Film & TV

Near Dark (1987) – Dark Western Movie

Near Dark - Dark Western Movie

With Near Dark, Kathryn Bigelow wanted to film a Dark Western movie that departed from cinematic convention. When she and co-writer Eric Red found financial backing for a Western difficult to obtain, it was suggested to them that they try mixing a Western with another, more popular genre. Her interest in revisionist interpretation of cinematic tradition led her and Red to combine two genres that they regarded as ripe for reinterpretation: the Western movie and the vampire movie. The combination of the genres had been visited at least twice before on the big screen, with Curse of the Undead (1959) and Billy the Kid Versus Dracula (1966).

Near Dark - Dark Western Movie

Cowboy Caleb Colton (Adrian Pasdar) meets gorgeous Mae (Jenny Wright) at a bar, and the two have an immediate attraction. But when Mae turns out to be a vampire and bites Caleb on the neck, their relationship gets complicated. Wracked with a craving for human blood, Caleb is forced to leave his family and ride with Mae and her gang of vampires, including the evil Severen. Along the way Caleb must decide between his new love of Mae and the love of his family.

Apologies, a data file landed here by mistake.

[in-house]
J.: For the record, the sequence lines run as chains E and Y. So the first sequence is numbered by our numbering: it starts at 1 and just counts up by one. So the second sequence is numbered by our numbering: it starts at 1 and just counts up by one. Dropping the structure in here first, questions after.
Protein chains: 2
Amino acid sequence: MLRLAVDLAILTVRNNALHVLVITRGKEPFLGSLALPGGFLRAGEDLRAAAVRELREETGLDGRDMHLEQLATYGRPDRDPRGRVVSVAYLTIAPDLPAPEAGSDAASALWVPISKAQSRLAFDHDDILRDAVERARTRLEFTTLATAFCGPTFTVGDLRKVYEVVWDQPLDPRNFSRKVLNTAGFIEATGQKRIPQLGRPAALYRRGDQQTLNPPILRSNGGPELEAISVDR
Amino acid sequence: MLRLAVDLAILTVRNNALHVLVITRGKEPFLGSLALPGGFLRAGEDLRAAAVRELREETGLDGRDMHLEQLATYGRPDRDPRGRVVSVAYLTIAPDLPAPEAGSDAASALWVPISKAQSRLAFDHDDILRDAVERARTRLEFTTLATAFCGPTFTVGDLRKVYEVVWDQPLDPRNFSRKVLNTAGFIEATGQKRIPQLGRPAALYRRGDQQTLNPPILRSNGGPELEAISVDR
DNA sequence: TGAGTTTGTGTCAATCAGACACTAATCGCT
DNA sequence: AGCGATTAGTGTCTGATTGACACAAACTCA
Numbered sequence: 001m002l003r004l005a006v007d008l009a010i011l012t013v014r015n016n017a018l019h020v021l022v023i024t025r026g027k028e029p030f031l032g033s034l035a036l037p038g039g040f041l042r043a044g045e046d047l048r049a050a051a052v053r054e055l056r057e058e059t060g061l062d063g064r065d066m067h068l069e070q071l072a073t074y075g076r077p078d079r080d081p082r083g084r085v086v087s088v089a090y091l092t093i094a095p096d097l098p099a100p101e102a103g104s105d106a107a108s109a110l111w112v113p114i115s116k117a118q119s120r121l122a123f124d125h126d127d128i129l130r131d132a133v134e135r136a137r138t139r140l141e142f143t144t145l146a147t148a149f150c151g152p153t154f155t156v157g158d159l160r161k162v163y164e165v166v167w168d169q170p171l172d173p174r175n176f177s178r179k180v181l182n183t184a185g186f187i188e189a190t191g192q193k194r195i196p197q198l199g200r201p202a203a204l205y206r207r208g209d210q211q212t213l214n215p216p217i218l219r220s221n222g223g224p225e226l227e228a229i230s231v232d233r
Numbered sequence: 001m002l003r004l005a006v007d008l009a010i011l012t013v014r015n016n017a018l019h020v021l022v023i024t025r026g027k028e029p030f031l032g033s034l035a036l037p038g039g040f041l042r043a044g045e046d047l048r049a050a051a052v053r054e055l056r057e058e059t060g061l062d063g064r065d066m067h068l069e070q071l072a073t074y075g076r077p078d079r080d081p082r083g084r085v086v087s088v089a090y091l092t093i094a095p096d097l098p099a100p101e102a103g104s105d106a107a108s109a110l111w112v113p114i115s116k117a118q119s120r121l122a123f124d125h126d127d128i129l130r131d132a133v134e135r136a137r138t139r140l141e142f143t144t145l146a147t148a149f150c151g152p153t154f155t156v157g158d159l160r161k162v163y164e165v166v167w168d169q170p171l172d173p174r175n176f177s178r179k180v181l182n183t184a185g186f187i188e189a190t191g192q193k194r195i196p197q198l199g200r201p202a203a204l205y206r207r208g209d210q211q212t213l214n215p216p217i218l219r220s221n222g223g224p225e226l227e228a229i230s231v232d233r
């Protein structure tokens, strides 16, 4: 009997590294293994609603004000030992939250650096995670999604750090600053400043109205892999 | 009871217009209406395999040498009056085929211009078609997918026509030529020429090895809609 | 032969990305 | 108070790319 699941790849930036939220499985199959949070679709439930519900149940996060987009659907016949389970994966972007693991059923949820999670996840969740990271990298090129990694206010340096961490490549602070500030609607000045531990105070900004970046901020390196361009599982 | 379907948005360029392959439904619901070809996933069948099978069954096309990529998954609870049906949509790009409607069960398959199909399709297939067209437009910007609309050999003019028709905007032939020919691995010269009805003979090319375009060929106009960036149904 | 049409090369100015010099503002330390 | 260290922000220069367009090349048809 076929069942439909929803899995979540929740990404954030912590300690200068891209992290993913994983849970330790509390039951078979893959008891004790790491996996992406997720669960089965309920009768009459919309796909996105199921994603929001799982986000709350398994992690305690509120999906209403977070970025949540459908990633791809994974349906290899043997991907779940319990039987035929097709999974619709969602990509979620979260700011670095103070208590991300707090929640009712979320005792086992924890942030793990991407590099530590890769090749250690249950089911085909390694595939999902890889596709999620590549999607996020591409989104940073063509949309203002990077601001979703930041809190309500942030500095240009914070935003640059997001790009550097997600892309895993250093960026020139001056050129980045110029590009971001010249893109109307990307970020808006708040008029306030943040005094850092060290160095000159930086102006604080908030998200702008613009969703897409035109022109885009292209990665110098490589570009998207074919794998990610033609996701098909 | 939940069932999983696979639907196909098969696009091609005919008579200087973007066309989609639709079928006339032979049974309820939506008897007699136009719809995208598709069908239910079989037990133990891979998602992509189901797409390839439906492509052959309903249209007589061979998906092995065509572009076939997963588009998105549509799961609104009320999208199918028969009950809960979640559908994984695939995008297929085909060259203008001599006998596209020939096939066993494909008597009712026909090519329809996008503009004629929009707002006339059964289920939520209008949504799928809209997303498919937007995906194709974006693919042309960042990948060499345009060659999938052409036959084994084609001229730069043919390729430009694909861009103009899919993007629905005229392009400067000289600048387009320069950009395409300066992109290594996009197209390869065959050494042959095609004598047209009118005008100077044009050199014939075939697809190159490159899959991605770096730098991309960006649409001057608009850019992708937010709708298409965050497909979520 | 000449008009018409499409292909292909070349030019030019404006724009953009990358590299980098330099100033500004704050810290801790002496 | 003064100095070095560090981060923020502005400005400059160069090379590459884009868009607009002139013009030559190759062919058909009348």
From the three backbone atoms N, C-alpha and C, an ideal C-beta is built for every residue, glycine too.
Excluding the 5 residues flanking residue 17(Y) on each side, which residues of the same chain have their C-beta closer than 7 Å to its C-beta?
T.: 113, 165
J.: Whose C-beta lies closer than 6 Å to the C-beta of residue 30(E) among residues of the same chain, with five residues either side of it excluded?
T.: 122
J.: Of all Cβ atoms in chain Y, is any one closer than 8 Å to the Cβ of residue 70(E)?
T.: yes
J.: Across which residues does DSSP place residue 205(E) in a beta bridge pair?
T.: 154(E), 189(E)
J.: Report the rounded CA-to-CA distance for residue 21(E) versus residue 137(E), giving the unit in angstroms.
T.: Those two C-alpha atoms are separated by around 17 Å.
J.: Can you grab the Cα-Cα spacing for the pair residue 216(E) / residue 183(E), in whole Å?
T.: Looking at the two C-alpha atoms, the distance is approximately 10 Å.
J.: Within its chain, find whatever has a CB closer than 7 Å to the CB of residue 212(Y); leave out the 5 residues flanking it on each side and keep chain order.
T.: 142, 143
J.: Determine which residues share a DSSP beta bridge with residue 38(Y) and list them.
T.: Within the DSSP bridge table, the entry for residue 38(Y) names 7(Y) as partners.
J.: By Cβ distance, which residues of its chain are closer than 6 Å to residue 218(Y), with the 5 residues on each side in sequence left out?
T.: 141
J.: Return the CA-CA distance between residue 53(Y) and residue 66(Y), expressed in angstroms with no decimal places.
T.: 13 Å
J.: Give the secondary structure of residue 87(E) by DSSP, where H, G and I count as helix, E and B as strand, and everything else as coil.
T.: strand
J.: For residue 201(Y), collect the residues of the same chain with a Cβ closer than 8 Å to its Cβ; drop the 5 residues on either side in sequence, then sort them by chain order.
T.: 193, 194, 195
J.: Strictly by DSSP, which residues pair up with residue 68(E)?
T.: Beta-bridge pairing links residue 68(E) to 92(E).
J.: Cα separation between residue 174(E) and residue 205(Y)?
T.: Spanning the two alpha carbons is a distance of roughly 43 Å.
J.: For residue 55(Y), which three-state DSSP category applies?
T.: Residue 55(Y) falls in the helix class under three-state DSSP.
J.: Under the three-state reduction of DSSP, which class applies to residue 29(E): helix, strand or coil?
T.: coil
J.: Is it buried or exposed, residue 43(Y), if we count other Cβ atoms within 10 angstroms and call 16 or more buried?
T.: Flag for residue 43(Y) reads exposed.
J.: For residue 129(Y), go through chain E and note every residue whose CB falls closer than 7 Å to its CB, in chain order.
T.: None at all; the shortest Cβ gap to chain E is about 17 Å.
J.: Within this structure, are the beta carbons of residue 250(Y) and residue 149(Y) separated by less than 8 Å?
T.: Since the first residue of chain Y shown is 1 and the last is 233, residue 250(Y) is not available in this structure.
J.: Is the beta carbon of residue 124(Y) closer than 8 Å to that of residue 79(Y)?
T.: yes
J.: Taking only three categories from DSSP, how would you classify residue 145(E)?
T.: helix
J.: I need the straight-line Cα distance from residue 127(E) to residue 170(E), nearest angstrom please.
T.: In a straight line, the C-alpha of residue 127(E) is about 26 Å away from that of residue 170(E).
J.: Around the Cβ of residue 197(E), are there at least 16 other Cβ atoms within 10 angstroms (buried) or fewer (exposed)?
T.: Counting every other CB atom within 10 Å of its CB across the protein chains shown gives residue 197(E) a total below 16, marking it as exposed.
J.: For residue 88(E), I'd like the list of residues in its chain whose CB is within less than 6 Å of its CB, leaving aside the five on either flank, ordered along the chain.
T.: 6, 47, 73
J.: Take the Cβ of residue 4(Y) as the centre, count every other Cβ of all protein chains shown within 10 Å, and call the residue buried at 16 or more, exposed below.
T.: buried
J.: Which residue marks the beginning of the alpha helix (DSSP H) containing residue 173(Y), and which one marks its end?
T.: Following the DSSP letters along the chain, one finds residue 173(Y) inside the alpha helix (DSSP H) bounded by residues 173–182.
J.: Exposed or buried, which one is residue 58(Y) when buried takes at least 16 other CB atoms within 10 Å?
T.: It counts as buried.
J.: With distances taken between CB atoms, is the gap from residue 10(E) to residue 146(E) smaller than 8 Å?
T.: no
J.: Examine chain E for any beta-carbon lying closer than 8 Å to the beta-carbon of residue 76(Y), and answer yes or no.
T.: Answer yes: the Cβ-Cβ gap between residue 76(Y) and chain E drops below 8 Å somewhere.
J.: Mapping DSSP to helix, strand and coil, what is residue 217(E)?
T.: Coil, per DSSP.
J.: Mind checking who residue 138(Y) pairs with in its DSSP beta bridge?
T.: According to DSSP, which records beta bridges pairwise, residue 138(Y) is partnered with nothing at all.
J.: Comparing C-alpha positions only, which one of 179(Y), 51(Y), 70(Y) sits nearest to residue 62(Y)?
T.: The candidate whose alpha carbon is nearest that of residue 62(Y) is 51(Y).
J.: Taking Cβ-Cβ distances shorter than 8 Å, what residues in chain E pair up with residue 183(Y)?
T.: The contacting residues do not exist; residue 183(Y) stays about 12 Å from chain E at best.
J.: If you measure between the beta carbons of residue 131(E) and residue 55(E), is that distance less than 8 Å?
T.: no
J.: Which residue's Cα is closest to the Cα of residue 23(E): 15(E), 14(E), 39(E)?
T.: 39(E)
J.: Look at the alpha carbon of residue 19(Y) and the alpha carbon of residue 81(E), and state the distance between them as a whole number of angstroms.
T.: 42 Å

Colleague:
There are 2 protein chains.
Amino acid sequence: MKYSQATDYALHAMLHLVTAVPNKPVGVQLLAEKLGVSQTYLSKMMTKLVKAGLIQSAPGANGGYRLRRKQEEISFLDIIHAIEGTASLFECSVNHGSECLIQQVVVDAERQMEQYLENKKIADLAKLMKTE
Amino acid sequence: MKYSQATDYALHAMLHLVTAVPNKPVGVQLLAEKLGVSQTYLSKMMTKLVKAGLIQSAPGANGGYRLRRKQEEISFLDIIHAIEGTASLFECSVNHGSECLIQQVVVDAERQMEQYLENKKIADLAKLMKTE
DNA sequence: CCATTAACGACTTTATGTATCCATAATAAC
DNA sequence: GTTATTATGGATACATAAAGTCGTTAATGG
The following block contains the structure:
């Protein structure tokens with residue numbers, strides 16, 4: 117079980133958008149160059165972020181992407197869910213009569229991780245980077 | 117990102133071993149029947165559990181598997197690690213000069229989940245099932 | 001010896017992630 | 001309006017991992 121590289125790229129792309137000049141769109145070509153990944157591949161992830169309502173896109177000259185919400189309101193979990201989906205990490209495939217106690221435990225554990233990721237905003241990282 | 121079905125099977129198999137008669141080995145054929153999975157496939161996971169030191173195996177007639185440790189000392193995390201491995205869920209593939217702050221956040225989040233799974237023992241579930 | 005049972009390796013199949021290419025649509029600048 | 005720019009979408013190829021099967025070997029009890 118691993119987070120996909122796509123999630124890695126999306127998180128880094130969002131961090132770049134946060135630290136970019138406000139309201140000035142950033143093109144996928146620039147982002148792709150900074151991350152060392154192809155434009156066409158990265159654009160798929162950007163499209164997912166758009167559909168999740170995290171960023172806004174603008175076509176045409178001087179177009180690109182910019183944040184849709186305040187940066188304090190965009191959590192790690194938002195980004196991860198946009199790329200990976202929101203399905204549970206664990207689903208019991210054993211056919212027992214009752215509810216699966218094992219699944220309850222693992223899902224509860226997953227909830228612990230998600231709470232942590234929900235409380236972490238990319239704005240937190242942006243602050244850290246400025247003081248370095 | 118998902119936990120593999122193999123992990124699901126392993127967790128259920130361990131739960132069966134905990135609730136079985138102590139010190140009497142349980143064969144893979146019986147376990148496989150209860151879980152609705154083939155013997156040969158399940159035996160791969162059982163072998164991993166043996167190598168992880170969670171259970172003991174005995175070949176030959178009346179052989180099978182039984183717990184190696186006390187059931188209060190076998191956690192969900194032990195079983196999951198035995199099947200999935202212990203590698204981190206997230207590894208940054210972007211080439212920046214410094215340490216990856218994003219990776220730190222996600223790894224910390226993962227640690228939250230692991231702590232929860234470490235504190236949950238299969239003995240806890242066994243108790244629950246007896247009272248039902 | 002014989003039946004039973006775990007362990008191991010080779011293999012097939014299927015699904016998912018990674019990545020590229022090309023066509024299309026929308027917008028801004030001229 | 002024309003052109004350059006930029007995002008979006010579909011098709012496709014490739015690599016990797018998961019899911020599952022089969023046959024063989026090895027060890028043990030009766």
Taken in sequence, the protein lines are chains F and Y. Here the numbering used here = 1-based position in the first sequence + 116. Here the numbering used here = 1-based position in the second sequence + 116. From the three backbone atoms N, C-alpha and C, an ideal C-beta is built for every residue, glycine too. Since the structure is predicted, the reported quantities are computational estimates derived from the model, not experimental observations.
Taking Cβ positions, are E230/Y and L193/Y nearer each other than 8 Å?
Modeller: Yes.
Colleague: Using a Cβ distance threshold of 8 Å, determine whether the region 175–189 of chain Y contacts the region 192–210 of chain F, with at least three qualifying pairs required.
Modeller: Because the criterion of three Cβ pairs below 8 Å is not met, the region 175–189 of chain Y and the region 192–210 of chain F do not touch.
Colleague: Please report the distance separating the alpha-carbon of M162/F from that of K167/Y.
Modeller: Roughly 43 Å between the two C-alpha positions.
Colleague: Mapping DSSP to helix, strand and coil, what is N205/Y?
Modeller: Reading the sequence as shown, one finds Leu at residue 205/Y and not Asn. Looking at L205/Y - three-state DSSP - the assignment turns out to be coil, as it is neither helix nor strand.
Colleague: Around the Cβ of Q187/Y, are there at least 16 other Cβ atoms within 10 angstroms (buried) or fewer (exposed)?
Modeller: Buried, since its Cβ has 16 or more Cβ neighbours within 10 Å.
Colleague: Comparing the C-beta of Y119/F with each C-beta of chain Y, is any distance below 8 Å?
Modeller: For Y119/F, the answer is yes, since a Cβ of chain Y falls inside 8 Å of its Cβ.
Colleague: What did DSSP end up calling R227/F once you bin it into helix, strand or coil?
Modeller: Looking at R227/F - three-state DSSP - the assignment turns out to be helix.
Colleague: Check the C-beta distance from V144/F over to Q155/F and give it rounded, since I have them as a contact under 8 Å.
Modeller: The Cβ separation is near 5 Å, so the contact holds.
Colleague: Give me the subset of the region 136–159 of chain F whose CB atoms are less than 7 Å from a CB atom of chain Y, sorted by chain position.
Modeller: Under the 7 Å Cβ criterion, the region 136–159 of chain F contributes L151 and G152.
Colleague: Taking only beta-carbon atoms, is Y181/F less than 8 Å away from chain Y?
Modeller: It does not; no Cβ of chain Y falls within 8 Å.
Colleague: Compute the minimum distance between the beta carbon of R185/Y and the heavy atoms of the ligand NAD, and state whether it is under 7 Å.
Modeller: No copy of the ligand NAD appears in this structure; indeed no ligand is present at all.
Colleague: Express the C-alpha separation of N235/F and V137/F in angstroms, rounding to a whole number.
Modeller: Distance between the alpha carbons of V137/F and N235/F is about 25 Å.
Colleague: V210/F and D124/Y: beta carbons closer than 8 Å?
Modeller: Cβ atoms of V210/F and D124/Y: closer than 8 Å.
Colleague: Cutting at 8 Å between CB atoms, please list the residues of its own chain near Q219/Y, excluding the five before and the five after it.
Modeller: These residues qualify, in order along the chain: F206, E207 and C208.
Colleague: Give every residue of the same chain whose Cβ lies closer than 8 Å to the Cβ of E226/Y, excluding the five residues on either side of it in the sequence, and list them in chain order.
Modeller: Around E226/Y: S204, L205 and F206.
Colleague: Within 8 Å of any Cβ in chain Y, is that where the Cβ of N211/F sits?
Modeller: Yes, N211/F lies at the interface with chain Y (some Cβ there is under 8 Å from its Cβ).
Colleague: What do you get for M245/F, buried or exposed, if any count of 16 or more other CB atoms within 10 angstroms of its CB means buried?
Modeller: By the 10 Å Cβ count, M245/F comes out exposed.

Part of a late 1980s revival of serious vampire depictions on the big screen, it received mostly positive reviews for its mix of the Western, biker and vampire movie genres.

In her review for The New York Times, Caryn James wrote, “Ms. Bigelow’s too-studied compositions – Caleb in silhouette riding a horse toward the camera – clash with her unstudied approach to the characters’ looks”. Jonathan Rosenbaum of the Chicago Reader was impressed by Bigelow’s first foray into big budget films with the “hillbilly vampire” movie, describing it as “beautifully shot”. Hal Hinson of The Washington Post said the intermixing of vampire legends, a Dark Western movie and biker movies has a result that is “both outrageous and poetic; it has extravagant, bloody thrills plus something else – something that comes close to genuine emotion”. In his review for The Globe and Mail, Jay Scott wrote, “Bill Paxton as the undead sex symbol – is exceptional, but not exceptional enough to put across the cop-out that concludes the film”.